Maybe Brad Marchand is not Mike Babcock's type of player.
Maybe the Boston Bruins left wing is too risky and suffers from the occasional bout of disorderly conduct, like when he was suspended for three games in late December and missed the Winter Classic outdoor game for a slew foot on Ottawa Senators defenceman Mark Borowiecki.
Maybe the 27-year-old Marchand is prone to inconsistency, like the current eight-games-without-a-goal slump he's currently going through.
But there's no denying Marchand is quietly enjoying his finest and most productive season yet, and that should put him under consideration for one of the final four forward spots on Canada's Babcock-coached World Cup team, which will be named in full on June 1.
With two weeks remaining in the NHL's regular season, here are the top Canadian goal scorers:
- Jamie Benn (Dallas) — 37 goals in 76 games.
- Steven Stamkos (Tampa Bay) — 36 goals in 75 games.
- Brad Marchand (Boston) — 34 goals in 71 games.
- Tyler Seguin (Dallas) — 33 goals in 72 games.
- Sidney Crosby (Pittsburgh) — 32 goals in 74 games.
Marchand is the only member of that group who was not named to Canada's preliminary roster. His Bruins linemate, Patrice Bergeron, who did make the team, has witnessed first-hand Marchand's top-drawer season.
"The biggest thing has been his compete level," Bergeron says. "Every game he has prepared himself to battle in all areas of the game. When you do that, good things happen."
Specifically, Bergeron says Marchand has improved his positioning in all three zones, and that has allowed him to be at his best offensively this season. The Bruins captain also noted that, despite his linemate's transgression before New Year's Day, Marchand has grown up on and off the ice.
Learning from the best
For his part, Marchand credits Bergeron. The latter is considered one of the best leaders in the game — not to mention a top two-way player — and has been a role model for Marchand.
"Everyone, the older they get, the more they learn, should get better and play the right way," Marchand says. "But I learned from Patrice, watched how he carried himself on and off the ice. He's a great role model to follow. "
The biggest change for Marchand is lifestyle. He trains more diligently in the summer. He makes sure he eats better and gets plenty of rest.
Don't confuse Marchand's on-ice feistiness with the way he conducts himself off the ice. He always has been a thoughtful person, and those who know him like to tell the story about his day with the Stanley Cup back in late August 2011 in Halifax.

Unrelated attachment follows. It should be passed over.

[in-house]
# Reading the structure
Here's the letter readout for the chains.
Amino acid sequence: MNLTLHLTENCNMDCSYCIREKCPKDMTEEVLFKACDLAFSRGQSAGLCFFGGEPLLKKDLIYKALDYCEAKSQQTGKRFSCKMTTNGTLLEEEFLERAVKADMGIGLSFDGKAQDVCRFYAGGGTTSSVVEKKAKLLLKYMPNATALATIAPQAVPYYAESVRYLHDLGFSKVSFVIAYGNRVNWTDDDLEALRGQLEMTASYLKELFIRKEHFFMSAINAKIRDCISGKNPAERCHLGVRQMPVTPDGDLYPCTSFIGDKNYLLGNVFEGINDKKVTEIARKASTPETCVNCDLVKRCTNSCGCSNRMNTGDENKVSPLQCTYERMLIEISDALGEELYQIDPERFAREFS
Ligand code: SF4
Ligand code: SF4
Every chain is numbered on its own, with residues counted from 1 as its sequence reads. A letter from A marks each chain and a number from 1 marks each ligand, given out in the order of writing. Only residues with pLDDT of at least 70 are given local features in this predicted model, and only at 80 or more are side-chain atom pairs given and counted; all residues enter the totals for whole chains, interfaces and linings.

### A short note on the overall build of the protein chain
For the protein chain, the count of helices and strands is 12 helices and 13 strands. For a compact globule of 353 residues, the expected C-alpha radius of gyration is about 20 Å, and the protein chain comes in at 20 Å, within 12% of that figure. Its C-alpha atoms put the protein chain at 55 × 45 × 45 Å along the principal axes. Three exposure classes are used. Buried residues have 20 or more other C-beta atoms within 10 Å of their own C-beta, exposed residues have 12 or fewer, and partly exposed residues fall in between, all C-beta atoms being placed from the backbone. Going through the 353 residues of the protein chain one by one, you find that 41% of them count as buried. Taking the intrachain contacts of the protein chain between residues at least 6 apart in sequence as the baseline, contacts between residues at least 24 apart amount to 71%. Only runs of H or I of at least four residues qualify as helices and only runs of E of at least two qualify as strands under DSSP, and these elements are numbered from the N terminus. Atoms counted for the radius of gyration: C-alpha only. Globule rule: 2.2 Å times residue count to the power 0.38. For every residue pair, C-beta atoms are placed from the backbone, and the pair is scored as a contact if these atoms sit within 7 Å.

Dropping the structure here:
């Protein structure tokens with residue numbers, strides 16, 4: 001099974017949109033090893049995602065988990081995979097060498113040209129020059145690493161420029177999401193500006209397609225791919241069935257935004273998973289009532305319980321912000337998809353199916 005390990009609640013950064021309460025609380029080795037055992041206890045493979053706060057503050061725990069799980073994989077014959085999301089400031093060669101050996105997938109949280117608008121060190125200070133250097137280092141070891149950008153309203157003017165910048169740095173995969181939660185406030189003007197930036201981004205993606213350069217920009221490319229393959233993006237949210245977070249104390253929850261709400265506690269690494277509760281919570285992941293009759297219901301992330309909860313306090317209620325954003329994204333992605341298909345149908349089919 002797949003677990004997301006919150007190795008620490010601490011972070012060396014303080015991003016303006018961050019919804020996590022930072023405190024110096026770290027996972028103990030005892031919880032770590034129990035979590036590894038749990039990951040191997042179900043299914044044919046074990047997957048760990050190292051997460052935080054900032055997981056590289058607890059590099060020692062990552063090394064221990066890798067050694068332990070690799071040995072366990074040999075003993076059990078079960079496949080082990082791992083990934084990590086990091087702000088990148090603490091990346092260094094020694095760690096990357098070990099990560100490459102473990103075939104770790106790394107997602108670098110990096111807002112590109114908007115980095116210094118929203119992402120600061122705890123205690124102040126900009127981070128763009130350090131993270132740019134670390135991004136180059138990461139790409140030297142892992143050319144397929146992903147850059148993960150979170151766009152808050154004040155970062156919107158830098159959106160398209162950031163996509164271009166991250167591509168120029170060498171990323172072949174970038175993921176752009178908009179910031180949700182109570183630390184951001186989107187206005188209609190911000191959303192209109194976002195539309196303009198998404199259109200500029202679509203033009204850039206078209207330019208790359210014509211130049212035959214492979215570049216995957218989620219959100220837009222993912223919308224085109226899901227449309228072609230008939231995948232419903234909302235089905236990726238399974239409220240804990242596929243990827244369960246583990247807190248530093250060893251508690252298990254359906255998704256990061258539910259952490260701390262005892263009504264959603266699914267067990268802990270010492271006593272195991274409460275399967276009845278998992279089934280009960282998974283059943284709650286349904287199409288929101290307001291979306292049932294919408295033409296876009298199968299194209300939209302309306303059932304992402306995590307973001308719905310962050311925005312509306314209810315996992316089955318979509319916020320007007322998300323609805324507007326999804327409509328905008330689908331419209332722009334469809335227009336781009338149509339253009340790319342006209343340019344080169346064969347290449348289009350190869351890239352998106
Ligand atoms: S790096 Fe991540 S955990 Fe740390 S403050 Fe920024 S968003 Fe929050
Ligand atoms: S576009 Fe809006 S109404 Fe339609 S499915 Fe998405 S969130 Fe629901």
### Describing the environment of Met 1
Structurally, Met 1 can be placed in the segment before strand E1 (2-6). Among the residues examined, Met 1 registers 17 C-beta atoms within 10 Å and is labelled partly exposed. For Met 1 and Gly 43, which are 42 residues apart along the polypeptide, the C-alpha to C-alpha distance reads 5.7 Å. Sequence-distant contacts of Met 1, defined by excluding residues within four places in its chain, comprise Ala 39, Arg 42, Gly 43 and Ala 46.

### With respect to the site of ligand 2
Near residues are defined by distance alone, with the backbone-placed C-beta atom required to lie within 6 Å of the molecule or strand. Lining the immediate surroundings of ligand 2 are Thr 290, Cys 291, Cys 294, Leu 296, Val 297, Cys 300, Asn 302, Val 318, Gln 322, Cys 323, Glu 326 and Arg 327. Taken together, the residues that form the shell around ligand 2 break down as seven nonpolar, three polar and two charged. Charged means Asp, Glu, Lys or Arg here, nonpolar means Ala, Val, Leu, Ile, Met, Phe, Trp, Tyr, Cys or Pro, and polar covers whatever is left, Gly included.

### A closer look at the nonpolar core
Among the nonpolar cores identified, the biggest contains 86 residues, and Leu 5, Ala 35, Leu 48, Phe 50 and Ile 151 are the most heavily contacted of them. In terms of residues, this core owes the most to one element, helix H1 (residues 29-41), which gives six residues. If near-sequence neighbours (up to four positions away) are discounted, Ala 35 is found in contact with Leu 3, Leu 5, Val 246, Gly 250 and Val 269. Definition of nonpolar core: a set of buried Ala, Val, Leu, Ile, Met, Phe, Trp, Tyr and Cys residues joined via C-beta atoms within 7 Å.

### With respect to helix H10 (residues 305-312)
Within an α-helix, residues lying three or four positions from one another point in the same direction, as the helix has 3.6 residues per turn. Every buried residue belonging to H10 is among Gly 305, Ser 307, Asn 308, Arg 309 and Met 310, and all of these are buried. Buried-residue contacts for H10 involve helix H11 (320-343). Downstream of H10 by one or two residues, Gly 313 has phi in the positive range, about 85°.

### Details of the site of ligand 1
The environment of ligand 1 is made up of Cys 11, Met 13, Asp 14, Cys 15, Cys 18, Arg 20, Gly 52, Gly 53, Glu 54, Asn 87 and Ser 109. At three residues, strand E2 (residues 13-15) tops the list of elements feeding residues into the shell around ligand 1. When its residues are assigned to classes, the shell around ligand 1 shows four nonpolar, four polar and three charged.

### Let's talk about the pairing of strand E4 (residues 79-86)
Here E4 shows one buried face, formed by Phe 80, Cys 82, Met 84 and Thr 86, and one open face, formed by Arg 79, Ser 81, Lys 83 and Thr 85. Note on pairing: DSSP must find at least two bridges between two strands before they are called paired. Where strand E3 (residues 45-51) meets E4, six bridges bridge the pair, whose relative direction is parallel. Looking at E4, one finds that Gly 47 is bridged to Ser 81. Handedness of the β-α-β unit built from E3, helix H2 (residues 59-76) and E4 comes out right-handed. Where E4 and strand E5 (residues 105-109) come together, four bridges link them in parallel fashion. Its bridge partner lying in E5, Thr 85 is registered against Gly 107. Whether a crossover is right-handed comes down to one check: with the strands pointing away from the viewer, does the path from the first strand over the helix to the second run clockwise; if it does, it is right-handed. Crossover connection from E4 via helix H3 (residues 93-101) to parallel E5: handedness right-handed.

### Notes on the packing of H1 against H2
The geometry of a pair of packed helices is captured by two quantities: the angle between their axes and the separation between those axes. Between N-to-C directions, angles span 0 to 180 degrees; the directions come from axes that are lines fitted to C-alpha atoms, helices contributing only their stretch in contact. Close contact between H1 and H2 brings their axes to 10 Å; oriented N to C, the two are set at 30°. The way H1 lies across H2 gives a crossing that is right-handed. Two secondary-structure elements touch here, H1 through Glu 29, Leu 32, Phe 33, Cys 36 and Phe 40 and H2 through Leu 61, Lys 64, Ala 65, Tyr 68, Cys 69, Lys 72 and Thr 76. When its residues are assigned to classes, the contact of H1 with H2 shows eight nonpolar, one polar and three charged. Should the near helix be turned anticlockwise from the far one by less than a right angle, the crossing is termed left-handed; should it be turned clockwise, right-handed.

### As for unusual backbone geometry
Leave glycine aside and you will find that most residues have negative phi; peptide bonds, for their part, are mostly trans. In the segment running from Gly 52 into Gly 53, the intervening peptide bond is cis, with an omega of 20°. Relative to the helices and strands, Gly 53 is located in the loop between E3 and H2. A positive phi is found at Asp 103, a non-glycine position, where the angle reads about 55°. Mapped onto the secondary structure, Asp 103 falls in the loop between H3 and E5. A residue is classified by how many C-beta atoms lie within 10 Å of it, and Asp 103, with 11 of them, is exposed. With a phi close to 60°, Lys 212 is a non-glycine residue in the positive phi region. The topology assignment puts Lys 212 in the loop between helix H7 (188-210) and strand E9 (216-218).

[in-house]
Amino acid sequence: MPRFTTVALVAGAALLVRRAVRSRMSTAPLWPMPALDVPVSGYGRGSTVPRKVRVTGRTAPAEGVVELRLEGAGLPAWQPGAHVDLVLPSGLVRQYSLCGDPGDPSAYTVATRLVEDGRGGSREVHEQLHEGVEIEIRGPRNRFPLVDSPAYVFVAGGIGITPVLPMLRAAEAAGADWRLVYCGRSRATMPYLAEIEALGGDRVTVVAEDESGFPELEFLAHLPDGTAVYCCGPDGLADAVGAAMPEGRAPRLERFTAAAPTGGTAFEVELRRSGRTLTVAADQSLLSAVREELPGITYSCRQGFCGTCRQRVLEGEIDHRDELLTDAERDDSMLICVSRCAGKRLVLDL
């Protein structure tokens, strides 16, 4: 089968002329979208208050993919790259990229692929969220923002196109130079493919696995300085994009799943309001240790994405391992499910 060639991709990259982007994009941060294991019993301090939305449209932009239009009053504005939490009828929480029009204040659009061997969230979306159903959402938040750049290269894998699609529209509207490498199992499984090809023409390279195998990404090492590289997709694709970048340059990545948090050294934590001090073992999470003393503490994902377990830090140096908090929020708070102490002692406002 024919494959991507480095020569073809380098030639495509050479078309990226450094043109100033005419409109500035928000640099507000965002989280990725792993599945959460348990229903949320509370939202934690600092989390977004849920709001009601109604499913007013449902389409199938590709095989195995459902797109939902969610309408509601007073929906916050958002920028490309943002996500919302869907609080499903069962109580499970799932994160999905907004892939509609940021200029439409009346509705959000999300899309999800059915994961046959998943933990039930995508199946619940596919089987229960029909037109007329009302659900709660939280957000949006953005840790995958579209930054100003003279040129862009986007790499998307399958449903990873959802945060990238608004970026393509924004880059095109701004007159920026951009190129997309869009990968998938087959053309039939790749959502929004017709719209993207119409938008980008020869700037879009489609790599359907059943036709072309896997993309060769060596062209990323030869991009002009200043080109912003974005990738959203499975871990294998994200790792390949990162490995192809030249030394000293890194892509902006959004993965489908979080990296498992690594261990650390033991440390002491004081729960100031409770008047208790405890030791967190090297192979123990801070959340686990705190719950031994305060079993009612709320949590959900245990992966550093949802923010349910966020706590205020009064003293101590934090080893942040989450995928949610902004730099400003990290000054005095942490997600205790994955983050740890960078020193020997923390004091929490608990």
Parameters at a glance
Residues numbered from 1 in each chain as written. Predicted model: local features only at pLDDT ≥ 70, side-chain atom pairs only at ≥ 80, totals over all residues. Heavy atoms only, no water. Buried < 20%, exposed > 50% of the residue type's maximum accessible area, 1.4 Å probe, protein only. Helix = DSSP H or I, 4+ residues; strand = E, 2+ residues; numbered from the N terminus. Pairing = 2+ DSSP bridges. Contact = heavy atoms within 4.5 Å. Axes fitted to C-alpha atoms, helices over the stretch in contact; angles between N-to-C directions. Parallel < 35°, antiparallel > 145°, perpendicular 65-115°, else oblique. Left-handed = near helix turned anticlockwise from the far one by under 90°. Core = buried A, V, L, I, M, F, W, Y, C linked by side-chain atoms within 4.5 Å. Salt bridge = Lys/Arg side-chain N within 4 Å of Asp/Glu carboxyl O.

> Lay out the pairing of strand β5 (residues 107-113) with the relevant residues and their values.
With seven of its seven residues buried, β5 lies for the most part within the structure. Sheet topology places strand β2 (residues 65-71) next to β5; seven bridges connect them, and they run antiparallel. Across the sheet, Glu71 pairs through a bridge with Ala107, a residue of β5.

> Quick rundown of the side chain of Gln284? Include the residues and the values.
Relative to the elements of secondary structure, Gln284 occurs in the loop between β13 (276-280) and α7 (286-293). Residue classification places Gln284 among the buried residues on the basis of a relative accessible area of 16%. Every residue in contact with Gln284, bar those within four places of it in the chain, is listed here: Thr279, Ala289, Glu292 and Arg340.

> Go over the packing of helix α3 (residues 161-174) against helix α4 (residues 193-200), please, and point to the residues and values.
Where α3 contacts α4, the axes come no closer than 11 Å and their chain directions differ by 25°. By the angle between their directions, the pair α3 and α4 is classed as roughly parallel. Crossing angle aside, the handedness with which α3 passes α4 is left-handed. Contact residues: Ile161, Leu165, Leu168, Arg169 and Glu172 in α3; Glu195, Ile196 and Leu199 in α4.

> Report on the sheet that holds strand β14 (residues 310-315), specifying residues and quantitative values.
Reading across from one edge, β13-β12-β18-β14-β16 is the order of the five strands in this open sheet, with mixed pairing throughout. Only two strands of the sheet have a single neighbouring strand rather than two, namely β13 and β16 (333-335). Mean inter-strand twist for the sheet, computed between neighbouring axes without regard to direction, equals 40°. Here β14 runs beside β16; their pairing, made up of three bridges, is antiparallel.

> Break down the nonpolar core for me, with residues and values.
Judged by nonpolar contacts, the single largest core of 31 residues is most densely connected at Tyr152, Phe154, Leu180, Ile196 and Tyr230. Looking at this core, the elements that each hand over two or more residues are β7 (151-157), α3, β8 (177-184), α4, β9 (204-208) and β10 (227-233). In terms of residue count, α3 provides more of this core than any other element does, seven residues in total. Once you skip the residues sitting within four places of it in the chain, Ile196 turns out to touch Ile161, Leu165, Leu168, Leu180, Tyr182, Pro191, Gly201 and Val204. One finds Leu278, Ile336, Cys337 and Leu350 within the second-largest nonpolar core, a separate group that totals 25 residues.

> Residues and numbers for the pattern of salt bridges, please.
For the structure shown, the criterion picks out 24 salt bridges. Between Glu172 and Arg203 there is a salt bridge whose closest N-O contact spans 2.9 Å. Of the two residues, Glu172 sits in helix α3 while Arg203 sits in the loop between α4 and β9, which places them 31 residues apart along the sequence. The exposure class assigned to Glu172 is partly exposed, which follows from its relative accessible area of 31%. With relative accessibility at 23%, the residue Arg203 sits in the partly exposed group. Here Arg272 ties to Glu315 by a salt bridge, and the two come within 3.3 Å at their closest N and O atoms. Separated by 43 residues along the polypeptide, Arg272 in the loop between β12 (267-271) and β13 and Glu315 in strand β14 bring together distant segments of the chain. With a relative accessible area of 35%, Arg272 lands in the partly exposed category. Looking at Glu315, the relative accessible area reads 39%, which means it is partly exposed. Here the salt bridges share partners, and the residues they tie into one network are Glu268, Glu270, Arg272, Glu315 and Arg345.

In December 2008, Bruins Eastern Canada scout Donnie Matheson passed away unexpectedly at age 55. He was a family friend of the Marchands and coached Brad's father in junior.
Matheson also worked for the Moncton Wildcats of the Quebec Major Junior Hockey League, and provided Marchand with an opportunity to play in Moncton. Marchand helped the Wildcats win the 2005-06 QMJHL President's Cup, and no doubt Matheson had some influence a few weeks later when the Bruins selected Marchand in the third round (71st overall) of the NHL draft.
As he addressed a large crowd in Halifax that day with the Stanley Cup, Marchand surprised Matheson's widow, Jane. He called her to the stage and presented her with some memorabilia from the successful Stanley Cup run.
"Donnie did a lot for me," Marchand says. "I wanted to recognize him for what he did for my career and how much he meant to our family."
2nd chance at Team Canada
Boston's Claude Julien, the only head coach Marchand has had at the NHL level, has been good for Marchand's career, too. Julien just happens to be on Babcock's Canadian team coaching staff. But there is plenty of hockey to be played before that decision is made, Julien said.
"He's had a good year," the Bruins coach says. "He's taken on more of a leadership role by the way he's played on the ice and in the dressing room.
"He's hit a bit of a dry spell in the last five or six games, but when he breaks out he always does it when you need him in big games."
Marchand has been in this position before. After a strong 2013 playoff run, when the Bruins fell to the Chicago Blackhawks in the championship final, Babcock and the Canadian Olympic management team invited Marchand to its summer camp in Calgary.
But he started slow the following season with only one goal in his first 14 games, killing his chances of making the 2014 Canadian Olympic team.
"I didn't have a great start to the year," Marchand says. "Maybe I felt too much pressure because I felt I had to impress them. But I was able to finish with 25 goals that year.
"I learned from that experience."